Reviews of movies from my giant DVD tower, and more.
Released on September 13, 1961
Directed by William J. Hole, Jr
Written by Jo Heims
Cast: Linda Christian, Robert Alda, Ariadna Welter, Neil Hamilton, Jeanne Carmen, Bruno Ve Sota, Gere Craft, Julie Scott, Diane Spears, Gertrude Astor, Dick Lee, Tony Rock, Romona Ravez
And here I thought the idea of women luring men to their doom was a concept reserved for film noir; well, I’m here to tell you it can be found in cheap horror offerings, too. What began as a screwy, voodoo-themed low-budgeter slowly melded into something a little more serious, as a man succumbed to a beautiful woman’s attention and agreed to join her in a strange satanic cult, where a ‘devil-god of evil’ and a ‘high executioner’ kept members in line through the use of voodoo dolls and, apparently, the promise of lust. Sounds corny, right? Well, hold on…there’s more going on with this little chiller than meets the eye.
Alan Alda’s father Robert plays the man haunted by dreams of a gorgeous blonde, beckoning him from the clouds; soon he’s drawn to a seemingly-innocuous doll shop while walking the streets of LA, where he spots a doll made in the girl’s image…and another that resembles his fiancé! He then tracks the living, breathing dream girl to her apartment, where within minutes this temptress—as played by Linda Christian, one of the most delicious girl-next-door types I’ve ever seen in cinema—has seduced him, and convinced him to join the sect, where he not only reaps the benefits of winning at the horse races and the stock market, but the carnal rewards of his hot new squeeze as well.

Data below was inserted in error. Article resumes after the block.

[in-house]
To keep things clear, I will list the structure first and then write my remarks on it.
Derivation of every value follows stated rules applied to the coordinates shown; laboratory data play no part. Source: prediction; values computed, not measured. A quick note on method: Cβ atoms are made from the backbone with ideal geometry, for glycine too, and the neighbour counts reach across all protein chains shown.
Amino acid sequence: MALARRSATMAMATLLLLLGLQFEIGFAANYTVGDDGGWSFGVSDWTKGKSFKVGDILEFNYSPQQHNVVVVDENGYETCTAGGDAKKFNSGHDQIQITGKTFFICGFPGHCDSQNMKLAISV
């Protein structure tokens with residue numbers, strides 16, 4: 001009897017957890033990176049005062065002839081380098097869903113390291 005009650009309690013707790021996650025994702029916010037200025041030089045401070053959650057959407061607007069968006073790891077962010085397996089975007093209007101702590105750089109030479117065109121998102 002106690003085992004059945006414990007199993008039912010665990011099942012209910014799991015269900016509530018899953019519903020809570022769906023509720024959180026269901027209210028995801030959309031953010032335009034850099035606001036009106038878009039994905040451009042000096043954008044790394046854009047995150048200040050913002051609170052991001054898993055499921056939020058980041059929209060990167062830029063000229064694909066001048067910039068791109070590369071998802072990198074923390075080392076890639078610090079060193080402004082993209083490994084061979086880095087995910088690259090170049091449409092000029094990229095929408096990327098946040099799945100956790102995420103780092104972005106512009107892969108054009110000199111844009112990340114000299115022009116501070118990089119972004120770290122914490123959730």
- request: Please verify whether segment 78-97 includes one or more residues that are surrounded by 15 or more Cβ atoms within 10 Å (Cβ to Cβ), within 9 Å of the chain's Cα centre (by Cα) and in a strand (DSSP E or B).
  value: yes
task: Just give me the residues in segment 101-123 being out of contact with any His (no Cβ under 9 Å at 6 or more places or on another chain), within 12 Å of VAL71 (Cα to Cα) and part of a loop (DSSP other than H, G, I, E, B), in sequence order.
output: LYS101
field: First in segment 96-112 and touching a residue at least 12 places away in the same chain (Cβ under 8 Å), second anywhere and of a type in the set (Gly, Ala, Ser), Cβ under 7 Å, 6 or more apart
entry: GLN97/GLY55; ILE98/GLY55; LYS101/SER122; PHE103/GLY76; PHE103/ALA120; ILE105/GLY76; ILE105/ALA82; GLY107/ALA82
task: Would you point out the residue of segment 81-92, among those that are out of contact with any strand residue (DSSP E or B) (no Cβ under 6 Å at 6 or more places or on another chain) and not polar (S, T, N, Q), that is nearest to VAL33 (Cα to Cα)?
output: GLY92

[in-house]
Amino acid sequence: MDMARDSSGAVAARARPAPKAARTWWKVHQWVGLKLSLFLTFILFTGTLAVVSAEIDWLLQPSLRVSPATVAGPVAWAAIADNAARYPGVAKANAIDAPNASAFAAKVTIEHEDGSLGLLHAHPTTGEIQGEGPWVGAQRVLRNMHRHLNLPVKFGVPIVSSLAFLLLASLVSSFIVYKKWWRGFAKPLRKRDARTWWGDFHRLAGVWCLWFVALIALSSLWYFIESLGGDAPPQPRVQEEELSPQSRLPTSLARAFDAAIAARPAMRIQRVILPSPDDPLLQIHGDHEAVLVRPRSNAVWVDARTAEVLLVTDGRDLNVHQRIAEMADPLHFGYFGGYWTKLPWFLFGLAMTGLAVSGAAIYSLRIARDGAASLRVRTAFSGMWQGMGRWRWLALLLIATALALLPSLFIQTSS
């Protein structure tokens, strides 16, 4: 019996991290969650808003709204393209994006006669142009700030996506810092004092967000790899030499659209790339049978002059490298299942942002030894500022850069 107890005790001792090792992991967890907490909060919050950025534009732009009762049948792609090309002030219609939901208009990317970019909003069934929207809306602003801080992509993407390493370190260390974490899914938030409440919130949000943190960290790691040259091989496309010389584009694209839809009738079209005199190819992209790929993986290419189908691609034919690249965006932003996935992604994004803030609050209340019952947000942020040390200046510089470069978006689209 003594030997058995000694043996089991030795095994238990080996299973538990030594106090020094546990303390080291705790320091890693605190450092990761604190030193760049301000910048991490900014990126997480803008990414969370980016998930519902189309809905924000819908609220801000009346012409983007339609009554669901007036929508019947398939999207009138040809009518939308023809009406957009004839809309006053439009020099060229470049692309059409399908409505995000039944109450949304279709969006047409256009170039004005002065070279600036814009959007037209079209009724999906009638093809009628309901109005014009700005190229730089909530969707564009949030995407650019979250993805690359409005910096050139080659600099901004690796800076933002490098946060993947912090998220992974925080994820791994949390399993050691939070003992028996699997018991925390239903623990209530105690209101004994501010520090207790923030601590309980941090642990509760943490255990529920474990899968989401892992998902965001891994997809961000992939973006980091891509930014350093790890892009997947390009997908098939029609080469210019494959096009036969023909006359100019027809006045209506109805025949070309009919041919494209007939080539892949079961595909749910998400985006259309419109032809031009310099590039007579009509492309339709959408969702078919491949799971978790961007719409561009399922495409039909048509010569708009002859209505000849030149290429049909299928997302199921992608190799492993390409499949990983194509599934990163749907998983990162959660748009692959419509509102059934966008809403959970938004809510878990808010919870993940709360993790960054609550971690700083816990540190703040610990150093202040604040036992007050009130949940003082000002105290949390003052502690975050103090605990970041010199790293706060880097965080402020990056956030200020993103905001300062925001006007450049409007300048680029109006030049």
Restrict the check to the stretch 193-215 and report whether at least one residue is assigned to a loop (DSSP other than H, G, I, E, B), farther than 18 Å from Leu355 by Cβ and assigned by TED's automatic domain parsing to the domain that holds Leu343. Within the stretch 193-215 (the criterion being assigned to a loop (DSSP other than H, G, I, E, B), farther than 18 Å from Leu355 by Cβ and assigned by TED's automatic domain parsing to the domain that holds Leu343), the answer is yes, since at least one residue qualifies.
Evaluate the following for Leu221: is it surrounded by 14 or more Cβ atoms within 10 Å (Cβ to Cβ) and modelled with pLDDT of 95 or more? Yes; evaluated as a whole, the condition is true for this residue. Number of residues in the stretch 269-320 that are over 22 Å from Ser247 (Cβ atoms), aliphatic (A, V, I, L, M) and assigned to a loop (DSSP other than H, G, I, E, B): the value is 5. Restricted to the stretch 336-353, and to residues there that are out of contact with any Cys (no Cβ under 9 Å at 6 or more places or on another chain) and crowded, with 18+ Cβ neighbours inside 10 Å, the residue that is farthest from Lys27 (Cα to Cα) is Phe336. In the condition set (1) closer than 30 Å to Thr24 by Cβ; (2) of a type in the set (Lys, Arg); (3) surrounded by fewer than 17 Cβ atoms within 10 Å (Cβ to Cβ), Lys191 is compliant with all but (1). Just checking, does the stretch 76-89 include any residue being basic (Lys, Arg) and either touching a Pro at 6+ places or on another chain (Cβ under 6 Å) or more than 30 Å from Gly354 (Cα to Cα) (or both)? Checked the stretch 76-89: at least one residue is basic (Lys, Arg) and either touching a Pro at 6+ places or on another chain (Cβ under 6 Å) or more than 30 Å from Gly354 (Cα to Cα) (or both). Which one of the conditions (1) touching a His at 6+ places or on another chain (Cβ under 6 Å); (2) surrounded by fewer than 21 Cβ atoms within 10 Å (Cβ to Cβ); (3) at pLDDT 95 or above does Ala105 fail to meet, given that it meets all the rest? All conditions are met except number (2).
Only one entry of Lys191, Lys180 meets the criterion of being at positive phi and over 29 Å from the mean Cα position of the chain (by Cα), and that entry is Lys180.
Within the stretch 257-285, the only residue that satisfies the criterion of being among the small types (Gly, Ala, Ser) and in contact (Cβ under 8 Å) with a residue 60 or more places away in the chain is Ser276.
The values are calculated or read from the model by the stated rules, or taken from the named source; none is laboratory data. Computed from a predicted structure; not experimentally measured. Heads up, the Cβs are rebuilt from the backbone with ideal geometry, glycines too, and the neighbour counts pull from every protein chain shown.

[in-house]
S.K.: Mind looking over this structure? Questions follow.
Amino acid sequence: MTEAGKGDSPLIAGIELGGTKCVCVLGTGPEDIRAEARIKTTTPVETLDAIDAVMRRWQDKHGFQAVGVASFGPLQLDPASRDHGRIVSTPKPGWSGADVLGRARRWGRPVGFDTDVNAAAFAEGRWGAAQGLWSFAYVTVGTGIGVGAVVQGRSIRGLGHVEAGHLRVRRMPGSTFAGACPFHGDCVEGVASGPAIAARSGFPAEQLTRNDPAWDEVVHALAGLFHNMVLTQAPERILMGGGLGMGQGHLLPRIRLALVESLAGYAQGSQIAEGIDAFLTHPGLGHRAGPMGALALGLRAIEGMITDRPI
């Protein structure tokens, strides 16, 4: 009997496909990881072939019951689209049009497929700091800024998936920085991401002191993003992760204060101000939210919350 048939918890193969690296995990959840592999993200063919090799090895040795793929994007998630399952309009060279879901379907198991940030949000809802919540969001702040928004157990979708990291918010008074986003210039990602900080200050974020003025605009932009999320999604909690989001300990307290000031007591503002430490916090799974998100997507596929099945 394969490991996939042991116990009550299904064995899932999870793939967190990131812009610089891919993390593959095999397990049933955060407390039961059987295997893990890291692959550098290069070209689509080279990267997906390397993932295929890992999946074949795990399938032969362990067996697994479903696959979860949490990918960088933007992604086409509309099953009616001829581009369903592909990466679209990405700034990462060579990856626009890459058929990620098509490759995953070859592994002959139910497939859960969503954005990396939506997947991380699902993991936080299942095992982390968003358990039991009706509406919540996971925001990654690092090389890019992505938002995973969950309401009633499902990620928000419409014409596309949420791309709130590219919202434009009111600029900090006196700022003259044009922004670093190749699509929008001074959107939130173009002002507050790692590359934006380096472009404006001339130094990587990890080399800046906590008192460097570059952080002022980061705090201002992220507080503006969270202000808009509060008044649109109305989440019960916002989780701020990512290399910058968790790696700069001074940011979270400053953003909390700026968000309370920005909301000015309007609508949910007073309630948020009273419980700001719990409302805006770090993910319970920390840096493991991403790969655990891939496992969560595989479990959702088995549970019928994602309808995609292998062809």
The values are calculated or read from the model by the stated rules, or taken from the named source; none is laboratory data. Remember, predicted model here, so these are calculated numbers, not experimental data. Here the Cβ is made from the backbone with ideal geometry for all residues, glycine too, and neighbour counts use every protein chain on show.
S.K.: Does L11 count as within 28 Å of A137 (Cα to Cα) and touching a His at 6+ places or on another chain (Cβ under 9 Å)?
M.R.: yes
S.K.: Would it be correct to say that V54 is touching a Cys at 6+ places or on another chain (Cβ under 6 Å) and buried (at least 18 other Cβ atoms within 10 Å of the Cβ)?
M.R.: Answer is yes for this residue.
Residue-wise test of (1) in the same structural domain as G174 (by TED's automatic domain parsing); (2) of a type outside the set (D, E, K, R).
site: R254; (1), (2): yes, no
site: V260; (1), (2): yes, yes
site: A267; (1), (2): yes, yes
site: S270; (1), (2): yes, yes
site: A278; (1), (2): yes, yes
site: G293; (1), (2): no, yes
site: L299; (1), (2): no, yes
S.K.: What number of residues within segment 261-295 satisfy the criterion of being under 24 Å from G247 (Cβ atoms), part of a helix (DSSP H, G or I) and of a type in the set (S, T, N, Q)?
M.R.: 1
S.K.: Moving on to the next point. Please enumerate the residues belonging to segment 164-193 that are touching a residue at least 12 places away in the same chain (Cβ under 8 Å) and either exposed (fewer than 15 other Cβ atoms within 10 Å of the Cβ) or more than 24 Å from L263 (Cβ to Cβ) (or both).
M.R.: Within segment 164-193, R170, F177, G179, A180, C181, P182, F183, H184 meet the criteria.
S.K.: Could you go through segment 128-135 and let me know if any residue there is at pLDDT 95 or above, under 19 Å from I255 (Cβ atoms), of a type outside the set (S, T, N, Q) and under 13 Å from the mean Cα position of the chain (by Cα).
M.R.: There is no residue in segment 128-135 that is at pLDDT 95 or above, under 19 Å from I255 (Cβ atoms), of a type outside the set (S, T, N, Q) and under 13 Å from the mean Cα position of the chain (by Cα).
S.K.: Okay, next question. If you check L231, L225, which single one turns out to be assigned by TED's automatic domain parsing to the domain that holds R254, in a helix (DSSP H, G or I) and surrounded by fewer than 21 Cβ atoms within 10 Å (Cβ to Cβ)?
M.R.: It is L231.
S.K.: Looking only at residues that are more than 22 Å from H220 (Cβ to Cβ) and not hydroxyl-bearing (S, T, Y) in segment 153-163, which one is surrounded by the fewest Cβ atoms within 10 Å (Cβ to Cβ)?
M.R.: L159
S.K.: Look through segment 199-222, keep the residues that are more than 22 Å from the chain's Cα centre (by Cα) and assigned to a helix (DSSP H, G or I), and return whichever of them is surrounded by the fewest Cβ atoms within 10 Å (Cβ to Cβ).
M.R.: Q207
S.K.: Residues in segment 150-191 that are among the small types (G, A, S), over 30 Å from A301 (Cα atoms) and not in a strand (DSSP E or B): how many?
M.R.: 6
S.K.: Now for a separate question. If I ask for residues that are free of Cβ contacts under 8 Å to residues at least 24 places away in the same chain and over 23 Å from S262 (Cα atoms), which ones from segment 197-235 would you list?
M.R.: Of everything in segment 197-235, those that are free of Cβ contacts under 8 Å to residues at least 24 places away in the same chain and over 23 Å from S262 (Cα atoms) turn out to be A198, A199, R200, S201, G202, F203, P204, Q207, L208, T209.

Though it tried, the film couldn’t escape its B-movie trappings, but it did pack a small sub-level punch when it concentrated on its man-vs-cult storyline, which actually got me to pay attention and think for a bit: If I were in this guy’s shoes, would I be so easily tempted by the advances of a mysterious female? Perhaps. And would I have let her drag me into a demon-worshiping cult? Hell no! I would’ve high-tailed it out of there! And that’s what I liked about Alda’s character; he remained dubious and alert at all times, and eventually did high-tail it out of there, with his forgiving fiancé at his side.
Director William J. Hole Jr. and secretary-turned-writer Jo Heims (who would later pen the Clint Eastwood vehicles Play Misty for Me and Dirty Harry) laced the film with some unexpected turns and neat surprises (who’s that cult member with the hidden camera?), and supplied a wrap-up that was quite fiery and frenetic, and which seemed to leave things open for a sequel. Give this a try on a slow night…you may be surprised. And remember, the great Gamba knows who you are! (6/10)